"Everyone who has zeal for Torah and maintains the covenant, let him follow me!"
(Maccabees I 2:27)
Judea,167 BCE: The Greek-Assyrian tyrant Antiochus has enacted myriad decrees intended to sever the bond between the Jews of Israel and Torah, liquidate the Jews as a spiritual entity and eradicate Torah - the covenant binding man to G-d. Matitiyahu ben Yochanan HaCohen, from the town of Modi'in, who has spent his entire adulthood serving as a priest at the Holy Temple in Jerusalem, has sparked a rebellion against Antiochus. Matitiyahu could have chosen any one of the vast number of evil decrees imposed upon the Jews, to ignite the people against the Greek-Assyrian oppression, but it was the attempt to compel Jews to sacrifice a pig to the pagan god Zeus, that moved him to slay both the Greek-Assyrian soldier and his willing Jewish accomplice, and to declare, "Everyone who has zeal for Torah and maintains the covenant, let him follow me!" (Maccabees I 2:27)
Thus began the uprising of the Chashmonaim, (Macabees), a long drawn out and bloody fight which eventually culminated in the liberation, purification and rededication of the Holy Temple in Jerusalem, (although the military conflict would linger on for five more years). Why did Matitiyahu choose the incident of the pig to rally the spirits of his fellow Jews toward open rebellion, when so many other decrees were surely every bit as repugnant? Why did he single out the one particular abomination that was a direct and uncompromising blow aimed at the heart of the Divine service of the Holy Temple - the offerings of pure animals, and pure animals only, upon the stone altar, and only upon the stone altar, that stood before the Kodesh sanctuary of the Holy Temple?
Matitiyahu knew that that there is no other matter so dear to the hearts of the Jewish nation as the Holy Temple in Jerusalem, and that defiling the Holy Temple and the Divine service that took place within its confines would ultimately prove a death-blow to the nation of Israel. He knew that with the fate of the Holy Temple hanging in the balance the entire nation of G-d fearing Jews would unite in rebellion, and not rest until the Temple was redeemed and the Divine service restored.
Today, Israel is again a beleaguered nation, being laid upon by despoilers from without, and by their willing accomplices from within. Today's Antiochuses come in the form of the United Nations, the European Union, and the American Administration. Their decrees are made in the name of the Hellenistic and pagan creeds that rule the West: Globalization, humanism, multiculturalism, multilateralism, relativism, peace-process-ism, I-ism, me-ism and mine-ism. The great social shapers and political mobilizers of today have no place in their planned utopias for "a nation that dwells alone," (Numbers 23:9) nor for the One G-d to whom "all tongues will swear allegiance and all knees will bow." (Alenu prayer)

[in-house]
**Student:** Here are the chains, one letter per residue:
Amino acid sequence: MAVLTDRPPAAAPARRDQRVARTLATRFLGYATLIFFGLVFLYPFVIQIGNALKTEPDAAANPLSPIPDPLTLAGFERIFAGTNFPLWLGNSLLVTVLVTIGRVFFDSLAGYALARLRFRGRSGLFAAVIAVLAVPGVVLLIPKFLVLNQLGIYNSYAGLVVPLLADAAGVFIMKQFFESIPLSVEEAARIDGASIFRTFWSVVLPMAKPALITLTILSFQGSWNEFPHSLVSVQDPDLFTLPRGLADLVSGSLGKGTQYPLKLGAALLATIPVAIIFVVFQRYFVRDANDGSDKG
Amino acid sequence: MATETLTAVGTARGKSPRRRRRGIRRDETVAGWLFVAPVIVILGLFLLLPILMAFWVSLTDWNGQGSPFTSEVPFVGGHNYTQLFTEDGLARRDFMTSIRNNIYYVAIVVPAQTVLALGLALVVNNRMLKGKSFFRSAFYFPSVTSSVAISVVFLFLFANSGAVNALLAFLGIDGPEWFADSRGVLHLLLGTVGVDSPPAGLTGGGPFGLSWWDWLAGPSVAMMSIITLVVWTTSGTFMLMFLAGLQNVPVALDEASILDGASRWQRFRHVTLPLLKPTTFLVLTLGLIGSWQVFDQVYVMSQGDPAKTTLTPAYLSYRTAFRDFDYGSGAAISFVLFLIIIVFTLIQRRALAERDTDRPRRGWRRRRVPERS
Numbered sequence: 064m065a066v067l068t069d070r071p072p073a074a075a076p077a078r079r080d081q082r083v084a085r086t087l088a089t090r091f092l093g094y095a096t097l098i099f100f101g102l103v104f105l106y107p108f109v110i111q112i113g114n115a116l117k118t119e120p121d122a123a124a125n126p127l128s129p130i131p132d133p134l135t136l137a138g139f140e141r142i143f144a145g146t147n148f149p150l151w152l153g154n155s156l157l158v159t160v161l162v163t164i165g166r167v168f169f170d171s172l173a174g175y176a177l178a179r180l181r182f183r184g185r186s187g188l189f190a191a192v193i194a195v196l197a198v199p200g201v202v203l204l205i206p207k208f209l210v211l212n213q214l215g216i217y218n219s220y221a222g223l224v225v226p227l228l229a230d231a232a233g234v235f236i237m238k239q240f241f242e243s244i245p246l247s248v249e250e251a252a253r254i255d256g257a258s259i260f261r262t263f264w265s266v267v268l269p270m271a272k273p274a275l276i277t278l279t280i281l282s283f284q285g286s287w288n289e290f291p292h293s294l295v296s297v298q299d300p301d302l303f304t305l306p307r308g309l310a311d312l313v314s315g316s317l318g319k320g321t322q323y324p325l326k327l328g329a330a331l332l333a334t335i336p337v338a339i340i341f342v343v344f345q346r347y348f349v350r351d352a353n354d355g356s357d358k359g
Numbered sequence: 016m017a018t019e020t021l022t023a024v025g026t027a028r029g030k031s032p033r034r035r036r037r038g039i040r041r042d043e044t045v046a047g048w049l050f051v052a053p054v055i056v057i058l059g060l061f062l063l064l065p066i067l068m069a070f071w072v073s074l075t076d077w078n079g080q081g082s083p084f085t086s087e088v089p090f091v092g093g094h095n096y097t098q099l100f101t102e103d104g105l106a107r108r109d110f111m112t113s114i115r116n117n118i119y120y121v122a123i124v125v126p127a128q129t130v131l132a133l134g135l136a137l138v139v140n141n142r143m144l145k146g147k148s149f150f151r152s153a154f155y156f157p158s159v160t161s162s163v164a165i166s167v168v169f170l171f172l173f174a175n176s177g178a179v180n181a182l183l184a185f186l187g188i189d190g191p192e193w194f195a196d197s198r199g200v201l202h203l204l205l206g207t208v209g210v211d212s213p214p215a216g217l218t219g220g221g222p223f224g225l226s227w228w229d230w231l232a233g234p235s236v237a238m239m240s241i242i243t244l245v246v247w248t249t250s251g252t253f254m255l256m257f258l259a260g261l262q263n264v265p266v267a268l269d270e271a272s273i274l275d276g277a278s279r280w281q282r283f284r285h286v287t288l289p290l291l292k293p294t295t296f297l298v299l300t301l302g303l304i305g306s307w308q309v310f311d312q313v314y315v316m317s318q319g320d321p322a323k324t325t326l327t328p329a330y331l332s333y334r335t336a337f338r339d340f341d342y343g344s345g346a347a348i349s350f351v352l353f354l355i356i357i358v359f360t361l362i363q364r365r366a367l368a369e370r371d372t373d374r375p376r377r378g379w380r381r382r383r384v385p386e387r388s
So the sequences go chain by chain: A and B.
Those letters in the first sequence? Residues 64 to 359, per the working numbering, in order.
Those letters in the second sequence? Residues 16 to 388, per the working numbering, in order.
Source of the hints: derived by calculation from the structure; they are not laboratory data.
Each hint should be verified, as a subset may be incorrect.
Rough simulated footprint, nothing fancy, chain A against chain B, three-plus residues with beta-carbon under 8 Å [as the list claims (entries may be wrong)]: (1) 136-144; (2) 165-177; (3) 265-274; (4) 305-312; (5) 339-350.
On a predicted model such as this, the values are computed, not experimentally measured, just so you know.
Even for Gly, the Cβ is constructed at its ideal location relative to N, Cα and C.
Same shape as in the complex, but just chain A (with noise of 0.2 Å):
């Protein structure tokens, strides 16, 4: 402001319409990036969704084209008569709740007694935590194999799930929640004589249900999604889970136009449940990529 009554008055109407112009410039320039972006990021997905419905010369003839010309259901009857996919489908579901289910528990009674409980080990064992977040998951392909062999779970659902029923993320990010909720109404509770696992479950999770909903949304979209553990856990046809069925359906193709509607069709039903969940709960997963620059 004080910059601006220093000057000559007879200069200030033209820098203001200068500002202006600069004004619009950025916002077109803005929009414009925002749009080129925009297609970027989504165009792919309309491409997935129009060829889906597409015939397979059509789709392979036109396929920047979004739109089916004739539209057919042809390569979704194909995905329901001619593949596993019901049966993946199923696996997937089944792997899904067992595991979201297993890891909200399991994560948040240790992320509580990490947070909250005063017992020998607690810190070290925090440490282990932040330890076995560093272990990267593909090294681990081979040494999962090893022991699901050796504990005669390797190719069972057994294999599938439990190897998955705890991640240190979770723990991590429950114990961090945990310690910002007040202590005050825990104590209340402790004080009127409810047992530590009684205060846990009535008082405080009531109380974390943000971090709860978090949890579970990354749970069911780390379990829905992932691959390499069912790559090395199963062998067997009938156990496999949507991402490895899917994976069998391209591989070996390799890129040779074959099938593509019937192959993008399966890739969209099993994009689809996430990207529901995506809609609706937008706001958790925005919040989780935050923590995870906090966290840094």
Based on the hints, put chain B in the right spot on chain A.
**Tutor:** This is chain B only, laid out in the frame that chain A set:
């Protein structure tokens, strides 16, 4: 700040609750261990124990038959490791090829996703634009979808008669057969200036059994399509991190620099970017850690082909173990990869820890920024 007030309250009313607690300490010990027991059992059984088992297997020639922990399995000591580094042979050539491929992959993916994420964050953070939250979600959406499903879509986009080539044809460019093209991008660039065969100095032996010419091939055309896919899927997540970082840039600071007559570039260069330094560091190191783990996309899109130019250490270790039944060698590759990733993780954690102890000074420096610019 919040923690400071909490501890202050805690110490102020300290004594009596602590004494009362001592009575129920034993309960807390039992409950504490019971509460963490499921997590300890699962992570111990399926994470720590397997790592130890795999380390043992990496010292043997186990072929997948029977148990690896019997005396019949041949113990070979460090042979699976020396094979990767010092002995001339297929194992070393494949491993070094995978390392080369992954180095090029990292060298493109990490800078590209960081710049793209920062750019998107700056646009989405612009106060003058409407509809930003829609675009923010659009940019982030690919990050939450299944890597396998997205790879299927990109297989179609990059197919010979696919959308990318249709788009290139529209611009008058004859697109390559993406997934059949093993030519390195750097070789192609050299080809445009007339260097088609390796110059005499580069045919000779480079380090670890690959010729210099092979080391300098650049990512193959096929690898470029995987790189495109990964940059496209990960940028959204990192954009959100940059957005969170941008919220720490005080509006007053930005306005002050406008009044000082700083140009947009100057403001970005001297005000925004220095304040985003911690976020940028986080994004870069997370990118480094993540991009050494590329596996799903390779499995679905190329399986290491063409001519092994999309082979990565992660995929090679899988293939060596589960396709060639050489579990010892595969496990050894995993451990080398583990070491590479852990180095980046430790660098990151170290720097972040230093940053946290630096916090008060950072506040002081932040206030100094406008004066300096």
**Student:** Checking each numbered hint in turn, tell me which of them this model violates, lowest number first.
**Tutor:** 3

Today, the nation of Israel is once again beset by decrees declaring where Jews can live and where they can build their homes and when and where and under what constellation of circumstances, (well-pondered by the International Court of "Justice" at the Hague), can they defend their lives against the murderous onslaught of their enemies. So where and when do we finally draw the line and put our foot down as a sovereign nation, a nation bound to its G-d by the covenant of Torah? What deadly indignity of the many which have been aimed like arrows at the heart and soul of our nation should we choose to rally the spirits of our fellow Jews toward open rebellion against our oppressors?
Perhaps we should take a cue from Matitiyahu, and choose, knowing full well that the spiritual life of the nation of Israel is what is at stake, the Temple Mount, home of the future Holy Temple, which has been raped and ravaged and desecrated by our enemies, as our rallying cry, "Everyone who has zeal for Torah and maintains the covenant, let him follow me!"
Ironically, Chanuka is not a holiday whose observance is centered around the Holy Temple. Chanuka is intended to be celebrated in the home. The chanukiot lamps that we kindle on each of the eight days of Chanuka are meant to shine forth from our homes, to announce loudly and clearly that our homes and the House of G-d - the Holy Temple - are inextricably bound together, that if one is being laid waste then the other cannot rest. When our own homes here in the land of Israel are being threatened, as they are, we must rally around the cause of the Holy Temple. And when the Holy Temple is being pillaged and denied, we must seek to rescue it from her enemies, through the strength of our own homes. This is Chanuka!
Tune in to this week's TEMPLE TALK as Rabbi Chaim Richman and Yitzchak Reuven, (just back from the USA), discuss Yosef the dreamer and interpreter of Pharaoh’s dream. Who is Yosef and what is his secret? Yitzchak relates his experiences speaking to a congregation in Ohio about the Temple, and the Rabbi attempts to catch Yitzchak up on news of Israel on the backdrop of the significance of Chanukah for our time... the true story of Chanukah as it relates to our lives today as Jews.
This week's TEMPLE TALK is only one part.